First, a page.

Now I have to cut trim, sew it on, and them hem the second edge by hand. Getting close!

Quilt happy

When I sat down on Saturday afternoon to work on the daybed quilt basting, I ended up taking out about half of the pins. I’d pinned three lines along one long edge, and then worked in horizontal strips from the top, and when you held up the quilt that section had a marked sag, and pull on the fabric all the way along the pins. (You can see how crumpled and biased the fill was, too, in the previous photo.)

Once I’d removed about sixty pins, I smoothed the backing, smoothed the fill on top of it, pulled down the quilt top, and then set again to the task of pinning. This time, I was really pleased with how flat the fabric/fill/fabric sandwich was, and I was feeling proud when I finished. But again, held it up and there was a saggy 9″ wide horizontal band in the backing, where I’d folded the quilt to fit it into the available carpet space in my room. Oops.

So then I finally ditched the plan of listening to NPR as I worked (computer streaming), moved to the family room’s lush, huge carpet, took out about a hundred pins, resmoothed, repinned, and ended up with this:

It’s gorgeous. The redos were annoying but completely worth it (I didn’t really hesitate – better to pull out pins than rip out stitches, or even worse, to hate the finished quilt). The new quilt sandwich is *flat* (aka, hopefully it won’t pucker when I start sewing). The backing is going to be a little bit crooked, but (a) it’s the back, and (b) I’m completely willing to chalk it up as a sign of quilt character. No complaints.

I cleared off our table to start quilting.

I’m working on my sewing machine, which is going to be interesting. (Machine quilting is easier on a quilting machine, which has a much longer arm so that the fabric doesn’t have to get all bunched when you swing it to the right side of the needle. ) I’d read advice on one of my blogs to make use of backstitching instead of turning the whole quilt. It works pretty well, but I find steering the quilt with only my left hand (while my right holds down the backstitch button) very challenging. Some of those backstitched seems are NOT straight!!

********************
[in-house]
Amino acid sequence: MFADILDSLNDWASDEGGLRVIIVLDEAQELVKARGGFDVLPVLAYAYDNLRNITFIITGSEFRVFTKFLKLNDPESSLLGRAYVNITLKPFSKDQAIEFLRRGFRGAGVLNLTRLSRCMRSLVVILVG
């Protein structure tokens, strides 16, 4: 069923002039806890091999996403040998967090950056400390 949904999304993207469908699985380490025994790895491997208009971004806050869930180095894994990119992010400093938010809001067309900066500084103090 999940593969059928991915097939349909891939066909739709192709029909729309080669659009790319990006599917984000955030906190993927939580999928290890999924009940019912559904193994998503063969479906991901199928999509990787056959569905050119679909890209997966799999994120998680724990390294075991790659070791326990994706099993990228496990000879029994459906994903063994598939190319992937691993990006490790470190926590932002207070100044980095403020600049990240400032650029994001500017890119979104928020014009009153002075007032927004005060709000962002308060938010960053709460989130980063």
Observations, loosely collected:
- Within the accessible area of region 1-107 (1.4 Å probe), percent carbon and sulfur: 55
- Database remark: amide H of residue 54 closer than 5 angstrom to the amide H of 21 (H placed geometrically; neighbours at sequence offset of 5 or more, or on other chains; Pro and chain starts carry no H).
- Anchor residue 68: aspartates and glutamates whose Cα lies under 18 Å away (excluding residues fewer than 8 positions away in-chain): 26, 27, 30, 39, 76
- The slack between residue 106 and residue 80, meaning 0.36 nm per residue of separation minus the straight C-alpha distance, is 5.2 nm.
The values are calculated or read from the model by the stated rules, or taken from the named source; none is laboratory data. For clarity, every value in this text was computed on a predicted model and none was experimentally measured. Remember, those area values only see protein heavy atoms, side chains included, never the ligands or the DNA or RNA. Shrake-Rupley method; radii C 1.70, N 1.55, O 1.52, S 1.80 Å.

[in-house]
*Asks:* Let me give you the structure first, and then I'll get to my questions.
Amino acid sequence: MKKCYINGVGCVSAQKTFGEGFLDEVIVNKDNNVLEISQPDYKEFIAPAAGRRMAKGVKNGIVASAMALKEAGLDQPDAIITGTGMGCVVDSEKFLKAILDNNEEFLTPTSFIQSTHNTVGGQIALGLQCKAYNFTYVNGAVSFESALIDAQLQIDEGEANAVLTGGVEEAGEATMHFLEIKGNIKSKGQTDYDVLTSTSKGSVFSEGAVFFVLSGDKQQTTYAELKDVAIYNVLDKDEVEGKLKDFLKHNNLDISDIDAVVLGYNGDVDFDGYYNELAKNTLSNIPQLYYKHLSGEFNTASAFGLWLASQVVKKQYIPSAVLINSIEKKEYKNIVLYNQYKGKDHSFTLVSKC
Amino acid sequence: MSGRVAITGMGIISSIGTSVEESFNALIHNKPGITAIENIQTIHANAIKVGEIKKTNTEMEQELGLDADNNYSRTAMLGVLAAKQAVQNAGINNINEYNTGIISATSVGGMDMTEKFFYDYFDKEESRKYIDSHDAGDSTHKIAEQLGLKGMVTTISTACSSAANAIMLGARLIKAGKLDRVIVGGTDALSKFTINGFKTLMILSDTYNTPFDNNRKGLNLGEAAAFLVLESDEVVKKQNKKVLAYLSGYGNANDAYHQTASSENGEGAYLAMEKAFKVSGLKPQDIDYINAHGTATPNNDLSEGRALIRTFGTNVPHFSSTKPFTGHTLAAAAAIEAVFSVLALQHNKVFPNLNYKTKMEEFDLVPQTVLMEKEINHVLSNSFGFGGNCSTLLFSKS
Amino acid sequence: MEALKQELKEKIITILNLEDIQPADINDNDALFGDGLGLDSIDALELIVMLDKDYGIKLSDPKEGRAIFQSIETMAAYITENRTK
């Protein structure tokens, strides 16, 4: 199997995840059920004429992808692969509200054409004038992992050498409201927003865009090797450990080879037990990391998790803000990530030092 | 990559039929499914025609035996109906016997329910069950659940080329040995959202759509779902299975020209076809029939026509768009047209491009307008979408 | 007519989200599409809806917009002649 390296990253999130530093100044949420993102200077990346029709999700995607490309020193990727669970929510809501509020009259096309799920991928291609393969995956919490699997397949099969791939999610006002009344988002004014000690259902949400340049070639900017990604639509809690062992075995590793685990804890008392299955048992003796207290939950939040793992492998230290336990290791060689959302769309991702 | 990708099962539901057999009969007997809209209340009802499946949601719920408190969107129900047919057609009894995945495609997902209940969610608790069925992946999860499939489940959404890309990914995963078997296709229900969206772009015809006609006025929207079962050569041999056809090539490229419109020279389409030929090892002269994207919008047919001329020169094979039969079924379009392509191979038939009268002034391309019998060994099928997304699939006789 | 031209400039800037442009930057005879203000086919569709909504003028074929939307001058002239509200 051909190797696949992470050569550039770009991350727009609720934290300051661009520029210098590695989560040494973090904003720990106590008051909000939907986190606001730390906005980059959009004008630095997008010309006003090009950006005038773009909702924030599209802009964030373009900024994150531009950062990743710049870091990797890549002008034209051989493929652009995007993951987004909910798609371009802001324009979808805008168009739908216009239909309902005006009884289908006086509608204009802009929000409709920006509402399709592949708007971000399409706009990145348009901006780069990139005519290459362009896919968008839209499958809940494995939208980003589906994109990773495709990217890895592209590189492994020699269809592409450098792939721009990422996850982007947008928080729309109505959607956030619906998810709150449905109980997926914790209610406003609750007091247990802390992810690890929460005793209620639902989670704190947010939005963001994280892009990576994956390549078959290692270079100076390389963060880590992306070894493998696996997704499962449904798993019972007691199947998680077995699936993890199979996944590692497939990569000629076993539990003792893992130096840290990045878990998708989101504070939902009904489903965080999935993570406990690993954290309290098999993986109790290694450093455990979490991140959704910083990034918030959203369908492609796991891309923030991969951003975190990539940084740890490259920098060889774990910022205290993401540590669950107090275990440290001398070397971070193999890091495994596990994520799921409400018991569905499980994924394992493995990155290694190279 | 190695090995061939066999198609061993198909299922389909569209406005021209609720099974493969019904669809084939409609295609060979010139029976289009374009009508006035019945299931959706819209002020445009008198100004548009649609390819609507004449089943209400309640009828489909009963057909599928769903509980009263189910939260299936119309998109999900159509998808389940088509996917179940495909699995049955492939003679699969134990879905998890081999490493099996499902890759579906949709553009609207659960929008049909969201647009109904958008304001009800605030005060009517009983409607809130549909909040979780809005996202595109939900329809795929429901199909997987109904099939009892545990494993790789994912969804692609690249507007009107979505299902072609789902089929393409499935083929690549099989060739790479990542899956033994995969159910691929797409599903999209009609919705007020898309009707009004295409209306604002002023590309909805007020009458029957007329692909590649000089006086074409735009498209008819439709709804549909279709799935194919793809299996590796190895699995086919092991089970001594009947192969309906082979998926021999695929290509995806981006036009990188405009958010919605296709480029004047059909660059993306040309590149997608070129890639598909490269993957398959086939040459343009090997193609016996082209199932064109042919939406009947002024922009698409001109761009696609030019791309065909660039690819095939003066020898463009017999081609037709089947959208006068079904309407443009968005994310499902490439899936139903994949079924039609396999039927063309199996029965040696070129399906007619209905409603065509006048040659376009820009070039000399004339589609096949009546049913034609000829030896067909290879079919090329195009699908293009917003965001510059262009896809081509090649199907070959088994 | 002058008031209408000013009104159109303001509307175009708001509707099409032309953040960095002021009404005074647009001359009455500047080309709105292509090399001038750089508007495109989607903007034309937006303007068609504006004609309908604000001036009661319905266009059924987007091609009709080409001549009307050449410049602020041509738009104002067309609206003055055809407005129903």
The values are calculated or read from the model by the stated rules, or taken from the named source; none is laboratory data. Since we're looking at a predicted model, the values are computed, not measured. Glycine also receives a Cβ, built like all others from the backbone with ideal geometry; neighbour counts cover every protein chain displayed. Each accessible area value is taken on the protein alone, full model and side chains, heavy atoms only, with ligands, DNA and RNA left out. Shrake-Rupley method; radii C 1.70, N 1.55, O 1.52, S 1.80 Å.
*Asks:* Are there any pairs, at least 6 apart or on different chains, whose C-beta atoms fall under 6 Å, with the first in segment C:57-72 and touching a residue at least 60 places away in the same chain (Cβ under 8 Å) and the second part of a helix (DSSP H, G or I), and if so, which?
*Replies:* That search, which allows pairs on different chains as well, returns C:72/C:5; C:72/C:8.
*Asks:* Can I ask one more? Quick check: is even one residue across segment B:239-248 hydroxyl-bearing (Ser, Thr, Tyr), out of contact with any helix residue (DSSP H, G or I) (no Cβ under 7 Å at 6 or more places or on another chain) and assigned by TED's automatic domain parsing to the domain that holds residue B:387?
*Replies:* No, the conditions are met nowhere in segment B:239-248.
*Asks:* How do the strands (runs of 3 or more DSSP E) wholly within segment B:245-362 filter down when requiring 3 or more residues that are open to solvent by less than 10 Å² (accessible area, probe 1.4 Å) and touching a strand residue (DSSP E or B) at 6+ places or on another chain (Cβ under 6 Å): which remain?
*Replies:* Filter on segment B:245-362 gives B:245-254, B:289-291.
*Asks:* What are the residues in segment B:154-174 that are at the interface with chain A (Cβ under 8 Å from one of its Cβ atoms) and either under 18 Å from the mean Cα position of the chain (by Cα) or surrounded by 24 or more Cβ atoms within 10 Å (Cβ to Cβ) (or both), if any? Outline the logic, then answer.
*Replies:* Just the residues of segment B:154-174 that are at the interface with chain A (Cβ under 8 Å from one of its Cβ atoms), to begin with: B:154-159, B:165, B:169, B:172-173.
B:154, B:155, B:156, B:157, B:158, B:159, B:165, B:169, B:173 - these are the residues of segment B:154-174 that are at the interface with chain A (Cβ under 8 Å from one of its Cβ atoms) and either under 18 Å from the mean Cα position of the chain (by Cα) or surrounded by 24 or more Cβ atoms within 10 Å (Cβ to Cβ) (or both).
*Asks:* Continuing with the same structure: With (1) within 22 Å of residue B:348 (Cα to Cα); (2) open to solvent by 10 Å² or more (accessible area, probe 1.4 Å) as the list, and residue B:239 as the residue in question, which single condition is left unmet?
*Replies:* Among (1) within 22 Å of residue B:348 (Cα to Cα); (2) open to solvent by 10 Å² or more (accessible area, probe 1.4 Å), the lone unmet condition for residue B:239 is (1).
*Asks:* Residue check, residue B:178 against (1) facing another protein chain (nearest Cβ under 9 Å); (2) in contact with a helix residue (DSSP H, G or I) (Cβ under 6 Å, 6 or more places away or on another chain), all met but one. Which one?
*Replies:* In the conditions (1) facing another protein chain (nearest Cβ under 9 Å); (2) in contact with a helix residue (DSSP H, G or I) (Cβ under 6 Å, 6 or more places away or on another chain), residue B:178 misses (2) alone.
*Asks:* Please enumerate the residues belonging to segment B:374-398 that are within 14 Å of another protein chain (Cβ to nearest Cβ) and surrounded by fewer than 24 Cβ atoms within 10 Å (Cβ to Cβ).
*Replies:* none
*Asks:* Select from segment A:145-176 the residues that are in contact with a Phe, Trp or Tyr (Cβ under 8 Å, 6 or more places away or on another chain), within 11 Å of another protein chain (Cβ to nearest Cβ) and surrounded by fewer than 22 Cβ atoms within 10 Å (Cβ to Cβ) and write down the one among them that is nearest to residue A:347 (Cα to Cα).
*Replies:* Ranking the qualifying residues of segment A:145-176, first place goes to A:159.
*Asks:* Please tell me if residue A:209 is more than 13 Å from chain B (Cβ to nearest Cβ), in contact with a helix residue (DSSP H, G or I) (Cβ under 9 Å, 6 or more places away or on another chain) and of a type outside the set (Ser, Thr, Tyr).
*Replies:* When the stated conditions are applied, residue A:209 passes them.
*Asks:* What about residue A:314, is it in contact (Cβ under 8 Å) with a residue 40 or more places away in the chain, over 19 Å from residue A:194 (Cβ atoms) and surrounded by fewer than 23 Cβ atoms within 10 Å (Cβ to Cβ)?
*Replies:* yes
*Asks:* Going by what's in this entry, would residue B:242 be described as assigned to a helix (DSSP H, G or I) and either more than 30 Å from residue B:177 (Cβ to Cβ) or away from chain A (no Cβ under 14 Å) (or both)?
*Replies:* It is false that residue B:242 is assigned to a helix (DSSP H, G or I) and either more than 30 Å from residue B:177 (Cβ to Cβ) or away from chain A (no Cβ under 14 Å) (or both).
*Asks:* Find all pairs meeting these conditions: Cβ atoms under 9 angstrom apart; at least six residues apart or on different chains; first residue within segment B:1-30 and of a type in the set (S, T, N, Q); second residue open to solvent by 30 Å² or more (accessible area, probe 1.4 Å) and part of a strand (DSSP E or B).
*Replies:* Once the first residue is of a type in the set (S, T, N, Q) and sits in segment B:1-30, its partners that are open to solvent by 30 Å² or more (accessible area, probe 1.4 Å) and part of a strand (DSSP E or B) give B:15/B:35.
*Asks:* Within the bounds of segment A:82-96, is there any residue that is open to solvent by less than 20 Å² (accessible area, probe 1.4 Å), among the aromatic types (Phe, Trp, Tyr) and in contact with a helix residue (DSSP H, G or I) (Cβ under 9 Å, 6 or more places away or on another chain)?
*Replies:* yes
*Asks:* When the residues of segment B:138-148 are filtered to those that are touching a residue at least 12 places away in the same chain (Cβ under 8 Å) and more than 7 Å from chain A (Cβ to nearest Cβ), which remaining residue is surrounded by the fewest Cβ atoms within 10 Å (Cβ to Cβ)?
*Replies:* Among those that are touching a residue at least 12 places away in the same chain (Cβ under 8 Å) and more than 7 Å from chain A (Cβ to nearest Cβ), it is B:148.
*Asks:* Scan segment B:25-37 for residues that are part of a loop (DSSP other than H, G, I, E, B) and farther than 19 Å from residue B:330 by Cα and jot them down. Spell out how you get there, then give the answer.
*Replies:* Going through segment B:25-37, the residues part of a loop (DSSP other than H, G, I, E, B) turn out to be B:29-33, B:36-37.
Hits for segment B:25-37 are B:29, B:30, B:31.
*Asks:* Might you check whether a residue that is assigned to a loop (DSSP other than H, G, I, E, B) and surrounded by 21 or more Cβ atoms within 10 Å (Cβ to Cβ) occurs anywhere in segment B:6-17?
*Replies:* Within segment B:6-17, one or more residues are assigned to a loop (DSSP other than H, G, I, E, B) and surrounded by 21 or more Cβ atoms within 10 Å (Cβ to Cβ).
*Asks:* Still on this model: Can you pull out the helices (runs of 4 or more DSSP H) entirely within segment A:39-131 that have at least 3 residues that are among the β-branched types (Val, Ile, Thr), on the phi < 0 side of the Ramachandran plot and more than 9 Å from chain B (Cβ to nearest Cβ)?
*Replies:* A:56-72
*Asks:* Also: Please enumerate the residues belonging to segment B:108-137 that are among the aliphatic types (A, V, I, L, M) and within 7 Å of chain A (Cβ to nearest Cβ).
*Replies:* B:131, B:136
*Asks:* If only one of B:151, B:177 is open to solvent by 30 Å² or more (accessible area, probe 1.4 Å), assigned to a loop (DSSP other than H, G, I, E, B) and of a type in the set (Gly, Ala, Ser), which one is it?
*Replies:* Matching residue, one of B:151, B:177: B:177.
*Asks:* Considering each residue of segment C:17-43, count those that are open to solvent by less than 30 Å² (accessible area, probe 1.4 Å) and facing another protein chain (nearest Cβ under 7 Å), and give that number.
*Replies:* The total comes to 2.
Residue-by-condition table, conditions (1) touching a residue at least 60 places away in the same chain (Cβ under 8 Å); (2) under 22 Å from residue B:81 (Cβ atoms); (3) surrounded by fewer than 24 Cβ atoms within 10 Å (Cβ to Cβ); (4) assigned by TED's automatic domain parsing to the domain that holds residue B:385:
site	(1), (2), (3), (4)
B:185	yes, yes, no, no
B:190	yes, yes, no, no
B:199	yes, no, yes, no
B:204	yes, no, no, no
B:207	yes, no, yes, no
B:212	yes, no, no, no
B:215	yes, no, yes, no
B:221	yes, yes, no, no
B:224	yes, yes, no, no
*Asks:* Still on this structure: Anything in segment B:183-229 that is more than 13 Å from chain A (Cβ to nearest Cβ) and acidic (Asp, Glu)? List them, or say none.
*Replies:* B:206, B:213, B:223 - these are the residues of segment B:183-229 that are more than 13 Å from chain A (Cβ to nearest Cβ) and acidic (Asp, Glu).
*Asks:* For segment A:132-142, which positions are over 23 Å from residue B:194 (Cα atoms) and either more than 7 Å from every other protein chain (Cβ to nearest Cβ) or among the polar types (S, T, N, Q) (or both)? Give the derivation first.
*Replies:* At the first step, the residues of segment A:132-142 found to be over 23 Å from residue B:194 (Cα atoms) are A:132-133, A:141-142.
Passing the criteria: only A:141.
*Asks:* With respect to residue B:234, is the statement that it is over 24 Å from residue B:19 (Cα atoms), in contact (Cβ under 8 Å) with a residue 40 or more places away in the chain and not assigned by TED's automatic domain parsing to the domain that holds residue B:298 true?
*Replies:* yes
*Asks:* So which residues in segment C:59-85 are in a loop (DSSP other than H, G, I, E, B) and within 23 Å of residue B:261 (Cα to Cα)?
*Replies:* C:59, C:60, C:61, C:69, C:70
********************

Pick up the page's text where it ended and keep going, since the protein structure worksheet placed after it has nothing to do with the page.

My first round of quilting will be to “stitch in the ditch” around the pink squares. I sewed 4 squares yesterday; my photo of the front didn’t come out, but you can see one of them well on the back:

After that, I want to do the same around the brown squares(brown thread for the face, the same pink for the back, I think). I’m still debating what to do in the middle – I don’t want to highlight the non-symmetric nature of the down areas. Maybe a double diamond in the middle of the light pink x’s? I’d like to do some sort of ivy pattern down the legs of the x’s, but it seems like a disastrous plan given the sewing machine…? I might feel more confident later, we’ll see. For the trim, I found a stencil with a repeating flower pattern that I like a lot, so I plan to do a double band of that in each of the light pink strips.

Neglected projects

I haven’t forgotten about the Hidden Wells quilt for the daybed; I was just gathering steam (for several months) to work on basting it. The back, fill, and pieced top all need to be held together so that I can quilt them.

Last night finally seemed like the time, so I started. I only got about half way, though, before running out of safety pins.

Frustrating! (Though the work I did was sufficient to create a semipermanent safety pin-shaped groove in the tip of my index finger from all the closing.)

The pins are slightly unusual and bent at a 30° angle so that they hold the layers without stretching them. Here’s a closeup of them in place:

I’ll have to go buy another set or two so I can finish up.

Belated progress

I finally got over my discouragement, ripped out the offending seams, starched all of the pieces, and am re-attacking attaching the trim for the daybed quilt-top.

I’m four seams in, and some of them weren’t properly aligned so I clearly have another date with the seam ripper in my future. At least I’m finally back on the wagon. It is fun to work on it again.